A federal appellate court found three retirees of Bausch & Lomb were not “participants” as defined in its nonqualified plan for executives and, therefore, not subject to the change-in-control provisions of the plan.
The retirees sued Bausch & Lomb because their recurring payments from the plan were stopped and they were paid a lump-sum of their remaining account value, which they contended reduced their overall benefits.
The 2nd U.S. Circuit Court of Appeals agreed with a lower court that since the plan defines “retired participant” separately from “participant,” and since the change-in-control provision of the plan only applies to “participants,” the retirees should not have received a lump-sum distribution upon a change in control of the company. The plan defined “participant” as “an employee of the company who has been selected to participate in the plan,” while “retired participant” was defined as “a former participant who is receiving benefits under this plan.” The court noted that retired participants are no longer “employee[s] of the company,” as is required to be a participant, and a retired participant, as a matter of logic, cannot be both a “former Participant” and a current participant.
In addition, the court pointed out that the change-in-control section of the plan provides that, for purposes of determining the participant’s accrued benefit, the date of the change of control will act as a stand-in for the date of termination of employment. The retirees already had a date of termination and did not need a stand-in date.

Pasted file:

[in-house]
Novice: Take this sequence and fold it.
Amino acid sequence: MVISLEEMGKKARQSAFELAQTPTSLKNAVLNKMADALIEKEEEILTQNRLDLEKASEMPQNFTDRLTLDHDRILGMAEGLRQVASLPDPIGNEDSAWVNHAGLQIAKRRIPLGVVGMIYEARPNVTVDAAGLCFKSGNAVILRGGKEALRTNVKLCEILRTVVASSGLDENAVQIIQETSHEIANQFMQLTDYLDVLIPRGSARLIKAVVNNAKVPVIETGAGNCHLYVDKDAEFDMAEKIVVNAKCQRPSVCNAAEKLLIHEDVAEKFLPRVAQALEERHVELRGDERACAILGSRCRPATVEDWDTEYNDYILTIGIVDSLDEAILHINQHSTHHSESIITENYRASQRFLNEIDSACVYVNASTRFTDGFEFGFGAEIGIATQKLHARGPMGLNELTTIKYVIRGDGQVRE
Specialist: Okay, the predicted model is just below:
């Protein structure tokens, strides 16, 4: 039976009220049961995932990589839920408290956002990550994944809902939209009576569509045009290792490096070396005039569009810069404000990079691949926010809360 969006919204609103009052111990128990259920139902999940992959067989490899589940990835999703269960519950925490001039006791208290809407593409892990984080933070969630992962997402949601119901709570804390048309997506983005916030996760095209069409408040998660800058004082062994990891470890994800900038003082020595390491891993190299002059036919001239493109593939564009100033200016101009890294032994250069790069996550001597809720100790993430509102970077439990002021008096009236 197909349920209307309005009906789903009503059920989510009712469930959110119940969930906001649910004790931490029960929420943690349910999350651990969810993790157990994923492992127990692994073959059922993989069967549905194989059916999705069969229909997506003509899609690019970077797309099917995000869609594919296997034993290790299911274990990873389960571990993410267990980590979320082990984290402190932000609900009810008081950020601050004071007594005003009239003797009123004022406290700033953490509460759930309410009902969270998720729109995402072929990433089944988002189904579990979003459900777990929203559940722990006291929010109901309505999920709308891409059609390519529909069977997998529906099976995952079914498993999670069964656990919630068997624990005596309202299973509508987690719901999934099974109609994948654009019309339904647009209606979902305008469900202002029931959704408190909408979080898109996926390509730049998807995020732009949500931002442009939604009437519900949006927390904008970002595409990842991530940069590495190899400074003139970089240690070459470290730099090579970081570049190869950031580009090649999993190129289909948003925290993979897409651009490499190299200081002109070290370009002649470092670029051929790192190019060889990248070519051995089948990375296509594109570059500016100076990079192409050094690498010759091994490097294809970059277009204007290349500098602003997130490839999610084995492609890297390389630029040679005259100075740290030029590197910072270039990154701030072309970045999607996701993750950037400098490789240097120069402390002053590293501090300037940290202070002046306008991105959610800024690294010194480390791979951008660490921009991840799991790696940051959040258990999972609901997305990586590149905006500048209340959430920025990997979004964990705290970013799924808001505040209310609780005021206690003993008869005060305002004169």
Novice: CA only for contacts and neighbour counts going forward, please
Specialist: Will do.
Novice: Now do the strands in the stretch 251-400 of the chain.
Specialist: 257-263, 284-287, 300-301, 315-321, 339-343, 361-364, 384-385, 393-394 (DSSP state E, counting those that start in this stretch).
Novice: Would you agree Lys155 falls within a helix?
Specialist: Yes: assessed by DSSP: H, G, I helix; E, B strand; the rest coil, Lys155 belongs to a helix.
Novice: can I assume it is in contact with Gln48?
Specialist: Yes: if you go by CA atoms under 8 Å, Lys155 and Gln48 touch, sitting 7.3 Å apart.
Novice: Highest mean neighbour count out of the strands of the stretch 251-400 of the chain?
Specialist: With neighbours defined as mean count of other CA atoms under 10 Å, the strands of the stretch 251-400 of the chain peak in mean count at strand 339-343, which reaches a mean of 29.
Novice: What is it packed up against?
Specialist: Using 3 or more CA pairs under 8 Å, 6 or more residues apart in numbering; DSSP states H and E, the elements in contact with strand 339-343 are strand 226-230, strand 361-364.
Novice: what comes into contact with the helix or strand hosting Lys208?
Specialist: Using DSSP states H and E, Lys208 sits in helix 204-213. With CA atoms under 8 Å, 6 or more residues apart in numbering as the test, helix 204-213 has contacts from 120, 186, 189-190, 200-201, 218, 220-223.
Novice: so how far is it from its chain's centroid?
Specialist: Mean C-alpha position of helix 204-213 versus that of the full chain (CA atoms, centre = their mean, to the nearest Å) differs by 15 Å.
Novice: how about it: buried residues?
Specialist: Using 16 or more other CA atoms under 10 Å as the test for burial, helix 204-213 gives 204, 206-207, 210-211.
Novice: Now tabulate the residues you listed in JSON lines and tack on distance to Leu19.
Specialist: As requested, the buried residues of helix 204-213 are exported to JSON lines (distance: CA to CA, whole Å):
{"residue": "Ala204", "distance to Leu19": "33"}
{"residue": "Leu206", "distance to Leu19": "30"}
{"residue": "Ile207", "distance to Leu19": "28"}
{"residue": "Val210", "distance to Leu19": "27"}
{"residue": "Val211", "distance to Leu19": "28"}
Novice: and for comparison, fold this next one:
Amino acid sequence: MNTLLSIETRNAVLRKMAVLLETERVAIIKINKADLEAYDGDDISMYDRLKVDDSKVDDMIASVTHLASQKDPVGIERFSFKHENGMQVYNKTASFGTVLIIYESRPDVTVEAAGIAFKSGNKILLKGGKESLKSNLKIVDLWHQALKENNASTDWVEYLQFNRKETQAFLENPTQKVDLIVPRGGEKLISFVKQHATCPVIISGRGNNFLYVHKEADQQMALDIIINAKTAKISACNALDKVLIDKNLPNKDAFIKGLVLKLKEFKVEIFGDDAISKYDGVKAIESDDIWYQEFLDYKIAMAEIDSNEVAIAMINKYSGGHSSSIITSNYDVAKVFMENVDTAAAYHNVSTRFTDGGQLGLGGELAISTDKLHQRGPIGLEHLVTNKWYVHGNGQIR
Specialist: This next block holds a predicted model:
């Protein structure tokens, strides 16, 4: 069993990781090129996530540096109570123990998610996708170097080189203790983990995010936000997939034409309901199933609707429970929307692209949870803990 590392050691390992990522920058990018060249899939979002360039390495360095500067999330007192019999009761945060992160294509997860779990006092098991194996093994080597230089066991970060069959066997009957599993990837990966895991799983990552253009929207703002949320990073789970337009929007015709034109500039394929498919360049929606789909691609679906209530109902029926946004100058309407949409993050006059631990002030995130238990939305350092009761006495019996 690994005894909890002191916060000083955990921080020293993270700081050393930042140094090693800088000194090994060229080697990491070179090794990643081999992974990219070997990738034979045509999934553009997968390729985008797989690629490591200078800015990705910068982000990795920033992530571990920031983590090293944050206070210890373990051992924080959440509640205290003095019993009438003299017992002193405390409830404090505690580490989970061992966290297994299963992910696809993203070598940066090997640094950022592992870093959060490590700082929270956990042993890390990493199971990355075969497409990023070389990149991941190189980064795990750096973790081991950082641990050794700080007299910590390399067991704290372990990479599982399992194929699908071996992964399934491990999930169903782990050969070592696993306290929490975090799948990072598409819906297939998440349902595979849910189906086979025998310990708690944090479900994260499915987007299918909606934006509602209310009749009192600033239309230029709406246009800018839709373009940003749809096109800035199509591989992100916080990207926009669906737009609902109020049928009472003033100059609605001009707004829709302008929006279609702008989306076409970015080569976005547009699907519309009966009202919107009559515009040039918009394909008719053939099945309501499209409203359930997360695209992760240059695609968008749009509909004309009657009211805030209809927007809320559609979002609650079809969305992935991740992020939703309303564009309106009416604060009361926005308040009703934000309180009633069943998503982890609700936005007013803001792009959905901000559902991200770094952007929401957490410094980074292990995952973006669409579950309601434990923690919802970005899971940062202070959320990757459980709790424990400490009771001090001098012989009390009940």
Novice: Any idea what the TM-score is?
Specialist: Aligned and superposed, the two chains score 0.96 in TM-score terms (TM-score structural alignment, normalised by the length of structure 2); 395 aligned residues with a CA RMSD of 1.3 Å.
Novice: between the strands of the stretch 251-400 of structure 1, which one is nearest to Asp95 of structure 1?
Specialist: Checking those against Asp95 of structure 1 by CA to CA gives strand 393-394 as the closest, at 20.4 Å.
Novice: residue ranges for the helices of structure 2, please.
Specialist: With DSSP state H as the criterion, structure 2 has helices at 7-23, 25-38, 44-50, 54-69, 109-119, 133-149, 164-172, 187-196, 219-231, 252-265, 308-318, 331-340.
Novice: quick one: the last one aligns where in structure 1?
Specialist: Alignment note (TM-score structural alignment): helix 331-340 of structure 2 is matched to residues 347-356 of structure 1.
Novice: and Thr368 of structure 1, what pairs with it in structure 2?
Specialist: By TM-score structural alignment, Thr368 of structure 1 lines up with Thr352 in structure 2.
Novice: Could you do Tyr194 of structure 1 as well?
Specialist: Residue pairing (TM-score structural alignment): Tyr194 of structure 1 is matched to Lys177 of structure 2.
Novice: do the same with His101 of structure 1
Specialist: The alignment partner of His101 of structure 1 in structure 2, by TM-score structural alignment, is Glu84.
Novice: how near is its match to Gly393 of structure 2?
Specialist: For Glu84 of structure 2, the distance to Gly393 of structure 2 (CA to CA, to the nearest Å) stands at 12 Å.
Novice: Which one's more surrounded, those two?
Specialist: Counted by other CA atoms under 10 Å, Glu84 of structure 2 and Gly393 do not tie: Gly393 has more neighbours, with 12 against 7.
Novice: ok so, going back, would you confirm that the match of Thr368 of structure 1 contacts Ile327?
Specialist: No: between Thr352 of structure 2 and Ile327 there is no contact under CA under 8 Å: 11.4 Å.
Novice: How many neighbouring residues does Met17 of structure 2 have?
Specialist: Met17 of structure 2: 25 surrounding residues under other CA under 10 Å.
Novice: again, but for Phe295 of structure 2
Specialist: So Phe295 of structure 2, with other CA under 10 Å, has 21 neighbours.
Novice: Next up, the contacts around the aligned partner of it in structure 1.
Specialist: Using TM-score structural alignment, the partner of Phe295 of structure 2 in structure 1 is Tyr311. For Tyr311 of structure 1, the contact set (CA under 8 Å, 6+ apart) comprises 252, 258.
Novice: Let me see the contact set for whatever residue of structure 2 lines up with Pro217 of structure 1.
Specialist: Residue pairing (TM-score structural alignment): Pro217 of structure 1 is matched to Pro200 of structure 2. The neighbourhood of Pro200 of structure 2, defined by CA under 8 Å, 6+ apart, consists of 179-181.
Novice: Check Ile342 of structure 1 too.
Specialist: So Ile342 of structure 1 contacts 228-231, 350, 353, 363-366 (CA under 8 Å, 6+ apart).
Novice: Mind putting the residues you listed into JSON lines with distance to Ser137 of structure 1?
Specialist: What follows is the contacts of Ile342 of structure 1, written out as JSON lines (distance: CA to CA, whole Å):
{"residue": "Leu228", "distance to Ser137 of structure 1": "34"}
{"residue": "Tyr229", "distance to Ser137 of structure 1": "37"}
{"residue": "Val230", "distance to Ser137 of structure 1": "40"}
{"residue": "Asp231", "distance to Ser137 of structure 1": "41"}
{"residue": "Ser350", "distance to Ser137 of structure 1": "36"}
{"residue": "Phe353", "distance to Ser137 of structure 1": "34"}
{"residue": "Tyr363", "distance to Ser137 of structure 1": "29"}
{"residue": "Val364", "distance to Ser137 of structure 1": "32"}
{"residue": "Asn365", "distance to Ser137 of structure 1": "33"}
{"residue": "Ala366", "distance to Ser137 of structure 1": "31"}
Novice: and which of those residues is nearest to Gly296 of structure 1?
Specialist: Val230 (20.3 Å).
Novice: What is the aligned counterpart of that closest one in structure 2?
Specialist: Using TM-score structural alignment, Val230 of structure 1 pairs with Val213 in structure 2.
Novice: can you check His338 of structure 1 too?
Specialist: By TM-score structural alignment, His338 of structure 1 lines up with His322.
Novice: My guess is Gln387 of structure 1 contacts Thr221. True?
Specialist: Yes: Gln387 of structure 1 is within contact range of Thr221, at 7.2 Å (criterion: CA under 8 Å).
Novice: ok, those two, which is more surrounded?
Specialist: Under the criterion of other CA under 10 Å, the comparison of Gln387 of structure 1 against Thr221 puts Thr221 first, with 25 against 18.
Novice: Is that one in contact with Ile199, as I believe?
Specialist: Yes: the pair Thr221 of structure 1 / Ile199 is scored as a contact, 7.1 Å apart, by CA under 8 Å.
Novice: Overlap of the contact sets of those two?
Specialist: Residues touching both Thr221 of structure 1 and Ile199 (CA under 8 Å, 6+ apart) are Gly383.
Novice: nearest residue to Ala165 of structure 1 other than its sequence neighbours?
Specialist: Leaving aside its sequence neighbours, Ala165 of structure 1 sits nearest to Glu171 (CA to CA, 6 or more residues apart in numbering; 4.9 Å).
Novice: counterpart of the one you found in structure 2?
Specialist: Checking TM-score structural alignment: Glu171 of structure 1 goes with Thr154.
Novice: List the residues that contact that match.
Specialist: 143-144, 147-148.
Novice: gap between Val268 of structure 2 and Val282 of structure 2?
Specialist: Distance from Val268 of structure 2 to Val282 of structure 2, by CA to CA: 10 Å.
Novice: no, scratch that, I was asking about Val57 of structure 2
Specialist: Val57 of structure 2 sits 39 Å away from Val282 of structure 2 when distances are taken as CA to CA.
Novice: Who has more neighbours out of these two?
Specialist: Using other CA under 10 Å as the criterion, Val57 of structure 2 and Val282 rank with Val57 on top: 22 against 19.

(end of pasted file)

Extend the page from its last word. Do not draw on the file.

The 2nd Circuit affirmed a lower court’s ruling that Bausch & Lomb misinterpreted the change-in-control provision of the plan.
As a remedy, the lower court allowed for the retirees to keep their lump-sum payments but have monthly payments reinstated at a lower amount in consideration of the lump sum. The 2nd Circuit found that the district court’s remedy does not run afoul of the principle, announced by the U.S. Supreme Court in CIGNA Corp. v. Amara, that a district court has no authority to “reform” an Employee Retirement Income Security Act (ERISA) plan. The court said the only relief ordered by the district court—reinstatement of monthly benefit payments that Bausch & Lomb had unlawfully stopped—was explicitly called for by the plan itself. In addition, the appellate court said the district court’s practical measure of a “credit” in the amount of the lump sum is a traditional application of the remedy of contractual expectation damages—ensuring that plaintiffs are restored to the same financial position they would have been in, but for Bausch & Lomb’s breach.
The decision in Gill v. Bausch & Lomb is here.
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